Things have been a little quiet in the Beetle’s kitchen. I’ve been making peace with my sacrifice of meat for Lent. I’m not a big meat person like my husband, who, by the way, effortlessly gives up meat every Lent. I don’t crave meat normally whereas my husband NEEDS meat with every meal. The day I cook a vegetarian meal, the first question he’ll ask is, “where the meat at?”, regardless of how delicious the dishes may be. For him, a meal is not complete without meat.
Majority of my cooking is based on what my husband would like to eat because left on my own, I’ll survive on instant noodles or takeout for every meal. So, I thought giving up meat would be easy, given that (a) I don’t crave meat and (b) I wouldn’t really feel like cooking meat just for myself. But, ever since Lent began, my eyes have been involuntarily hunting for meat. I have to literally fly past the meat section at the grocery store because I look like a kid standing at the candy store with no money from mom to get candy. It doesn’t help when I’m reading my favorite blogs and you have irresistible pictures of chicken, steak, beef or the 5-letter B-word (my favorite). Yeah, even saying it makes me cringe with temptation.
Every day I stand with the fridge door open, hoping the contents in the vegetable drawer will talk to me and tell me what delicious dish I can put them in so I won’t miss meat. The ungrateful things aren’t really helping, so I grabbed the bottles of beer that had been pushed to the back of the fridge and hunted for a beer bread recipe.
I’m not fond of beer and the husband drinks beer depending on what his mood dictates. So, these bottles had been sitting inside for quite a while. Now, I’m aware of what people say about not cooking with ingredients you don’t care about, but, I couldn’t care less about that right now. My good friend, Alton Brown, had this lovely video on how to make Beer bread and I got down to business.
While Alton made a cheese and dill beer bread, I switched up the flavor components and decided to throw in cranberries and chocolate. I needed the chocolate to appease my meat cravings. One thing I would note about Alton’s video and recipe are that he uses one whole 12 fl oz bottle of beer, but, to get the texture from his recipe video, I had to leave a few sips behind. Otherwise, it got soggy. So, watch out for that. You want a gooey texture and not a smooth, flowy texture.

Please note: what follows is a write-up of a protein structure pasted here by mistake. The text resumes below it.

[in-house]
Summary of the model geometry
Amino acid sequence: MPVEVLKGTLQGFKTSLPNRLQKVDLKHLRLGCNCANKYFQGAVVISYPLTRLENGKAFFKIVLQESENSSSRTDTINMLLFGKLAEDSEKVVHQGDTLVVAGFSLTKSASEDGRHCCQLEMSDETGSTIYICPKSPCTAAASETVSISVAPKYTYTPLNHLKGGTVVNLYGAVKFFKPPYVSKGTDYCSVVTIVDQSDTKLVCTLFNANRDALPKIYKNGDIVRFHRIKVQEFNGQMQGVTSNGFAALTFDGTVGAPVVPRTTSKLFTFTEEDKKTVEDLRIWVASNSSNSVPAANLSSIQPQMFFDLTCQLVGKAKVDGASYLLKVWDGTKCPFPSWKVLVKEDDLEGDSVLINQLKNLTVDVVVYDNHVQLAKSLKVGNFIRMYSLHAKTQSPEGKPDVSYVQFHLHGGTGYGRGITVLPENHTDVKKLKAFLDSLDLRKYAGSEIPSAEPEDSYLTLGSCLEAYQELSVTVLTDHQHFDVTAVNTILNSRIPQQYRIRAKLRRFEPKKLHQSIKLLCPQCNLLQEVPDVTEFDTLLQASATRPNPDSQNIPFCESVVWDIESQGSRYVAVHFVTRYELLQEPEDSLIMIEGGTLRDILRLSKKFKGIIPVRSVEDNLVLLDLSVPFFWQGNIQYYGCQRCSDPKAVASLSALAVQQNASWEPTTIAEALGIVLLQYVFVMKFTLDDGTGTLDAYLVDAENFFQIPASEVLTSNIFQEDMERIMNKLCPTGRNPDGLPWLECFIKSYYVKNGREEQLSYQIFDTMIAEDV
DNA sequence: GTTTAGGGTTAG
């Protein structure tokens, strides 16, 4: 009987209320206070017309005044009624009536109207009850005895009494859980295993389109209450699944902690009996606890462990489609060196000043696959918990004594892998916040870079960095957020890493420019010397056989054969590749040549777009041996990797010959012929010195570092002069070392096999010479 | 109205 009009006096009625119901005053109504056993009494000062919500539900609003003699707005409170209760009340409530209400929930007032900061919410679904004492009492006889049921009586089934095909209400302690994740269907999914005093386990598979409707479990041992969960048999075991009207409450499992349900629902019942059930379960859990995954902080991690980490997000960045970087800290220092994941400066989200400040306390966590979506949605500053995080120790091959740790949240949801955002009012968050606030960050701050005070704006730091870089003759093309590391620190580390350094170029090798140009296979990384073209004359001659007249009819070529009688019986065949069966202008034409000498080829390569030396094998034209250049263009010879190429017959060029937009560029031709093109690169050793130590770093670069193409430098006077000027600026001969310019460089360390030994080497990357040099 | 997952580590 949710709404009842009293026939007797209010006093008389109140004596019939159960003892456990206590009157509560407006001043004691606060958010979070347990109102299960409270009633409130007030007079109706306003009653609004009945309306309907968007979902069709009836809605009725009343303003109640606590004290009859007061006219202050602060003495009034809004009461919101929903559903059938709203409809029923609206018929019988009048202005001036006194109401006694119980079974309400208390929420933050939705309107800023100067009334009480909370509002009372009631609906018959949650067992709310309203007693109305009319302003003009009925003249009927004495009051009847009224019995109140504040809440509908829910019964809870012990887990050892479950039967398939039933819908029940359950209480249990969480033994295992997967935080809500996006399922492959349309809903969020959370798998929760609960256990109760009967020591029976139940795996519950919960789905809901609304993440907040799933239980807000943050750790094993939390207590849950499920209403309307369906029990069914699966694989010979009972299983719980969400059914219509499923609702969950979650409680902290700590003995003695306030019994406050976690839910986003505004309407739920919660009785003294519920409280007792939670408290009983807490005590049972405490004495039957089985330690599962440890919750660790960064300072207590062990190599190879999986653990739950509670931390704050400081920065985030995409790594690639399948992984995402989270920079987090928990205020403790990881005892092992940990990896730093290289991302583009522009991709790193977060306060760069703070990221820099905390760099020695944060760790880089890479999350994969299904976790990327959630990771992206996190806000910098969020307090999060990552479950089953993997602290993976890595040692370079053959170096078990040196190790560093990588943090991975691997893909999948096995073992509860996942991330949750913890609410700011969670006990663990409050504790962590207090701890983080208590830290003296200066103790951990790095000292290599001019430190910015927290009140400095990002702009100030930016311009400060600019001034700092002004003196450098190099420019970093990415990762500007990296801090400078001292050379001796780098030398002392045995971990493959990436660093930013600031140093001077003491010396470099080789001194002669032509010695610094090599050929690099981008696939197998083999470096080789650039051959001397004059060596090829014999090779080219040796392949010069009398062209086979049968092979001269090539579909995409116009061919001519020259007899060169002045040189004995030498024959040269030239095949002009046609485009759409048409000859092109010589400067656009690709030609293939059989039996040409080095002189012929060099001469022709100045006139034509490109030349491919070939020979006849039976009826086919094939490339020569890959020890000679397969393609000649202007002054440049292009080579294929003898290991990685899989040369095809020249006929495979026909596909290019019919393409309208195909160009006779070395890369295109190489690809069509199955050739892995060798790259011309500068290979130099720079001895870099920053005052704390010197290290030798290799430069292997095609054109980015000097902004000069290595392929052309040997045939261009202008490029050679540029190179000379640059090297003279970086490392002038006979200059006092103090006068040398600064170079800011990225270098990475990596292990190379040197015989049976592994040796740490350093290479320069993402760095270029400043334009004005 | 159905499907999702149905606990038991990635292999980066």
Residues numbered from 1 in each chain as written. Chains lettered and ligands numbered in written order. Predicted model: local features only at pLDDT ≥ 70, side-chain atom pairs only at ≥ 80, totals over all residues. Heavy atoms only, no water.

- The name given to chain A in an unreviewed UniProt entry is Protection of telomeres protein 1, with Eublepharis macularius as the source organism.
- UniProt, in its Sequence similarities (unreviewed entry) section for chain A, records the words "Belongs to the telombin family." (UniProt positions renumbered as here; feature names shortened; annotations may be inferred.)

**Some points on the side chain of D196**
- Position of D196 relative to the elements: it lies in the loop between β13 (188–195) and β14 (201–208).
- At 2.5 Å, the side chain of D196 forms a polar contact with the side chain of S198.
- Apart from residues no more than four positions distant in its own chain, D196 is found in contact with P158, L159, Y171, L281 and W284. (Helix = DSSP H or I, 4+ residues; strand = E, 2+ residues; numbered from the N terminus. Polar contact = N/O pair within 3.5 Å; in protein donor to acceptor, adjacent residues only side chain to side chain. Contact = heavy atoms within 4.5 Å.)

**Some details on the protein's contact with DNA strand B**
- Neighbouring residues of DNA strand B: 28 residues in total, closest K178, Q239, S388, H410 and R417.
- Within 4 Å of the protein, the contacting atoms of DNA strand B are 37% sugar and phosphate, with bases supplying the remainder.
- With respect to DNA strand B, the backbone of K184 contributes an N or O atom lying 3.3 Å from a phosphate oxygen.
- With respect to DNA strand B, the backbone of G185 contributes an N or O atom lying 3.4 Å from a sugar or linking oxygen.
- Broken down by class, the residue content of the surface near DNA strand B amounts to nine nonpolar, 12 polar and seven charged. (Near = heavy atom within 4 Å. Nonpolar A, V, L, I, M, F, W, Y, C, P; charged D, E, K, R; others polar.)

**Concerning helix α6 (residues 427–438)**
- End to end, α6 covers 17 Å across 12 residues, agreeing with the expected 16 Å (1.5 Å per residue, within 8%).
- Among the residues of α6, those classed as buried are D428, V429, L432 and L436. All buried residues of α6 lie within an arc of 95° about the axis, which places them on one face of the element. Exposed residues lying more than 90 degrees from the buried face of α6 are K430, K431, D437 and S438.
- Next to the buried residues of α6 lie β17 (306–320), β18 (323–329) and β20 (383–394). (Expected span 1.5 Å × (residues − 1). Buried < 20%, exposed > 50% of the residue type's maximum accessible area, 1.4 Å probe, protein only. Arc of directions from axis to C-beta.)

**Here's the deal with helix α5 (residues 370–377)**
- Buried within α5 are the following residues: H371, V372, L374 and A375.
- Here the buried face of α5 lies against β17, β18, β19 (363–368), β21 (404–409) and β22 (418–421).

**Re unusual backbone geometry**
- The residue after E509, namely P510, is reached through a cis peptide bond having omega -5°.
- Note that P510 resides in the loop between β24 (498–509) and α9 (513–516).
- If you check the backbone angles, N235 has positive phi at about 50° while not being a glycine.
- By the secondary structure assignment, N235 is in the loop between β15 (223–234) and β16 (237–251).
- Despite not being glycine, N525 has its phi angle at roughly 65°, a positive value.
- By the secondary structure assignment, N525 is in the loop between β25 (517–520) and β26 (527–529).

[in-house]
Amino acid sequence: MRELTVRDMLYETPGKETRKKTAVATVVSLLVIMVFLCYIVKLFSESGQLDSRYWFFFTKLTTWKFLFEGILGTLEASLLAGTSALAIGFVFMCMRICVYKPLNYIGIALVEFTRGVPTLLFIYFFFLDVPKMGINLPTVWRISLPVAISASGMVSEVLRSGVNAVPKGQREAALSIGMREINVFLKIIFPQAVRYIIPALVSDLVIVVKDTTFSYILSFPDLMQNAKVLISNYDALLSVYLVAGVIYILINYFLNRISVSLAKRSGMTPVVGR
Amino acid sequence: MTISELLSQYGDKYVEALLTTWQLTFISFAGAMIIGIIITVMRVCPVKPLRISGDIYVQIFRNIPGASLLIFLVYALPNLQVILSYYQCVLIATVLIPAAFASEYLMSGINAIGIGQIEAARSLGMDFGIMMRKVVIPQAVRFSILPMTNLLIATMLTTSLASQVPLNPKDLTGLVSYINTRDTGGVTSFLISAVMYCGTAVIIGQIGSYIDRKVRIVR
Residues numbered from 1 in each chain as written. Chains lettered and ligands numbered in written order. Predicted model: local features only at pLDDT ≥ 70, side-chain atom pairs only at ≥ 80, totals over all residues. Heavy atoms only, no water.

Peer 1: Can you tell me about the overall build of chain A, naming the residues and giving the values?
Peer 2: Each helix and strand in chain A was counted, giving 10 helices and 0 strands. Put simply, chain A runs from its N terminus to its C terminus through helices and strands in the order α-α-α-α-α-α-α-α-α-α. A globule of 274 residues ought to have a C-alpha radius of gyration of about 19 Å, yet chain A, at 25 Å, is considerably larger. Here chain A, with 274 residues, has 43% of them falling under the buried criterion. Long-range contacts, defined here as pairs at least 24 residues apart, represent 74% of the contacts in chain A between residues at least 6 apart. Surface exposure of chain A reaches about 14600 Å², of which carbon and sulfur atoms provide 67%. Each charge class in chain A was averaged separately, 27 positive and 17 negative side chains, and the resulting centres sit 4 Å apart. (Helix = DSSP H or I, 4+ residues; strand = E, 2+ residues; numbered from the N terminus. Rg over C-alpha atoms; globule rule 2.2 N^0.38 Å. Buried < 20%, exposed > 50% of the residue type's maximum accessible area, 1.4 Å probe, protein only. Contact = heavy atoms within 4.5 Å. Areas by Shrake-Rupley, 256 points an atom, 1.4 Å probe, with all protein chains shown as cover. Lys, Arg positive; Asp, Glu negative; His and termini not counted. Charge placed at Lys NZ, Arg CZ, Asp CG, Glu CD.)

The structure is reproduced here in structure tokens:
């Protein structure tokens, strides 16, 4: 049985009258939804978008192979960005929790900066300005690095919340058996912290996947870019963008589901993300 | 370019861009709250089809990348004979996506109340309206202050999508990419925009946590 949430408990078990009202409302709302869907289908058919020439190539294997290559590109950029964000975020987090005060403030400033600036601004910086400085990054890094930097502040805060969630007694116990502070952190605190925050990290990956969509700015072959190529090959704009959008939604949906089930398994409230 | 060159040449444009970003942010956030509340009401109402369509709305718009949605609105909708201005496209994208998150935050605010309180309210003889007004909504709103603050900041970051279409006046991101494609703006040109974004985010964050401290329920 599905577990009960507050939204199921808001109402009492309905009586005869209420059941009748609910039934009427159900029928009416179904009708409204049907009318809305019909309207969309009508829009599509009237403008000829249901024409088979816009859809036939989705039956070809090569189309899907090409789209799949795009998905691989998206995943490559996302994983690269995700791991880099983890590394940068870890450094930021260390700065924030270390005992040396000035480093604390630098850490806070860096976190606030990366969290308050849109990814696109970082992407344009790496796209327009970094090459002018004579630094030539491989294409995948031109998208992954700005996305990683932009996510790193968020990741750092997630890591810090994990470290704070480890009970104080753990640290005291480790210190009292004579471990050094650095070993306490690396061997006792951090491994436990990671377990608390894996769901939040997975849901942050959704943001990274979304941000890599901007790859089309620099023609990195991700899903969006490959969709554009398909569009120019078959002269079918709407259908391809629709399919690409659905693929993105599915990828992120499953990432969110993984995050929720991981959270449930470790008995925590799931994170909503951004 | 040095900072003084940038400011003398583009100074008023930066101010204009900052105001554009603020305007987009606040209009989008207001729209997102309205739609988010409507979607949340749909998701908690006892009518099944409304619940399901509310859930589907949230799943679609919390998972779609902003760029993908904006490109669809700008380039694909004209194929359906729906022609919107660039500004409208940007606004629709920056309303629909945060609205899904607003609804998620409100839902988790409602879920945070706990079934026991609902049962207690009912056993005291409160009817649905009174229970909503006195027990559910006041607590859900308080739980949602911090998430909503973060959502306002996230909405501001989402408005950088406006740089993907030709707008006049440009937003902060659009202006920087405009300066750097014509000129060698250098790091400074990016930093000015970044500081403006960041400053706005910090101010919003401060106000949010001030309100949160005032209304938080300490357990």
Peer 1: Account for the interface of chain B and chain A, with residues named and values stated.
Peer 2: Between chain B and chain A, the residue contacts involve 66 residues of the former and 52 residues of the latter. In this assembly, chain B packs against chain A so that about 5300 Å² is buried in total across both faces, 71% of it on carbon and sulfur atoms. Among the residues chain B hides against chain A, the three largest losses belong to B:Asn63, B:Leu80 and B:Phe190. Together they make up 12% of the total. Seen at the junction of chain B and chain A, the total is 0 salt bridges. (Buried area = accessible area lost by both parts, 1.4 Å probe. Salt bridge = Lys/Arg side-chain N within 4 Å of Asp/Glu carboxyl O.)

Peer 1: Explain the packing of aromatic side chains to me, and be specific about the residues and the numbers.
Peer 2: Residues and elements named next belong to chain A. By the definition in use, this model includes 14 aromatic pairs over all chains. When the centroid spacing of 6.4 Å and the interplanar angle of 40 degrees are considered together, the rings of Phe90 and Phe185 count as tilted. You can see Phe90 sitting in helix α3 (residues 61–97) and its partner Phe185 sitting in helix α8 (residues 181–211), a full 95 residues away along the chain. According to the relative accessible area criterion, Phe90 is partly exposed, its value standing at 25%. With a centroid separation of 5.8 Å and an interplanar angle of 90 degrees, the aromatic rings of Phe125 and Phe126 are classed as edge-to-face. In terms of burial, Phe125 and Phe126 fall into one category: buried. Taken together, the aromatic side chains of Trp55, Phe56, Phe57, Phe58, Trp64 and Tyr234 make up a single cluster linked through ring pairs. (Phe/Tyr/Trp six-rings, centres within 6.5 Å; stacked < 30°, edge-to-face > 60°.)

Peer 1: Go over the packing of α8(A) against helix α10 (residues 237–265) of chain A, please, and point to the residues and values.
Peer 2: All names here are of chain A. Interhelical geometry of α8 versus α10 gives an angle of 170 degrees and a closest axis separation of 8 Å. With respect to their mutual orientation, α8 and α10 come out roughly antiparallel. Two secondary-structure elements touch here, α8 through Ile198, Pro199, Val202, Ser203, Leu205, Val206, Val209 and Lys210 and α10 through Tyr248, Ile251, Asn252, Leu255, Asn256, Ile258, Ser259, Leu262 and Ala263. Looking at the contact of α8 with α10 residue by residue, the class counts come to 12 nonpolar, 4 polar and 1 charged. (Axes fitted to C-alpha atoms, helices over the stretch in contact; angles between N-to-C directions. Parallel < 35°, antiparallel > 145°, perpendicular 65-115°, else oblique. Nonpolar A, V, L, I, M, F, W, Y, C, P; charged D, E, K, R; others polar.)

I wasn’t stopping at the beer bread because I was pulling the big guns out for this one. I remember watching Bobby Flay demonstrate an orange-honey butter on The Worst Cooks in America. I decided to make a cranberry-honey butter to go with my bread. Best. Decision. Ever. I can eat the cranberry-honey butter all by itself, if I wasn’t reminded of the fact that it is still butter! Sigh
The combination of the cranberry-honey butter and the bread is amazing, to say the least. You could also overload on chocolate and toast your bread a bit before slathering with some chocolate sauce. *SLURP* Pure yum!
Choco Cranberry Beer Bread
(adapted from Alton Brown’s Beer Bread recipe)
Ingredients and instructions
- Nonstick spray
- 1 cup all-purpose flour
- 1/2 cup whole-wheat flour
- 1 tablespoon baking powder
- 1 teaspoons kosher salt
- 1 tablespoon sugar
- 1 cup fresh or frozen cranberries (do not thaw if frozen)
- 3/4 cup mini chocolate chips
- 12 ounces cold beer, ale or stout
- 1 to 2 tablespoons sunflower seeds, optional
Heat the oven to 375 degrees F. Coat the inside of a 9 by 5-inch loaf pan with the nonstick spray and set aside.
Whisk together the all-purpose flour, wheat flour, baking powder, salt, sugar, and chocolate chips in a large mixing bowl. Add in the cranberries and stir in the beer just to combine. Spread the batter evenly in the prepared pan. Sprinkle with the sunflower seeds, if using.
Bake on the middle rack of the oven until the bread reaches an internal temperature of 210 degrees F on an instant-read thermometer, about 45 to 55 minutes.
Remove from the oven and cool in the pan for 10 minutes. Transfer the loaf to a cooling rack for 10 to 15 minutes before slicing and serving.
Cranberry Honey Butter
(adapted from Bobby Flay’s version on The Worst Cooks of America)
Ingredients and instructions
- 1 cup cranberry juice, ready-made or home-made*
- 3/4 stick butter, slightly softened
- 1 1/2 tablespoons honey
- Pinch salt
Place cranberry juice in a small non-reactive saucepan over high heat and reduce to 1 – 1 1/2 tablespoons. Place butter in a bowl and add the cranberry syrup, honey, and salt; mix until combined. Scoop into a large ramekin, cover with plastic wrap, and refrigerate until firm, about 2 hours.
*Home-made Cranberry Juice
If you’re feeling all adventurous and have your kitchen mojo on, make your own cranberry juice as well. Mind you, I’ve just learnt that cranberries in their fresh state or on their own are very sour and bitter. So, constitute the right amount of sugar according to your taste. I like mine sweeter than bitter so I added more sugar. Taste as you go.
Ingredients and instructions:
- 1 cup water
- 1 cup fresh or frozen cranberries
- 3 tablespoons sugar
- 1/2 teaspoon lemon juice
- 2 tablespoons orange juice
In a soup kettle, bring water and cranberries to a boil. Reduce heat; cover and simmer for 20 minutes or until berries begin to pop.
Strain through a fine strainer, pressing mixture with a spoon; discard berries. Return cranberry juice to the pan. Stir in the sugar, lemon juice and orange juice. Bring to a boil; cook and stir until sugar is dissolved.
Remove from the heat. Cool. Transfer to a pitcher; cover and refrigerate until chilled. Yield: 1 cup.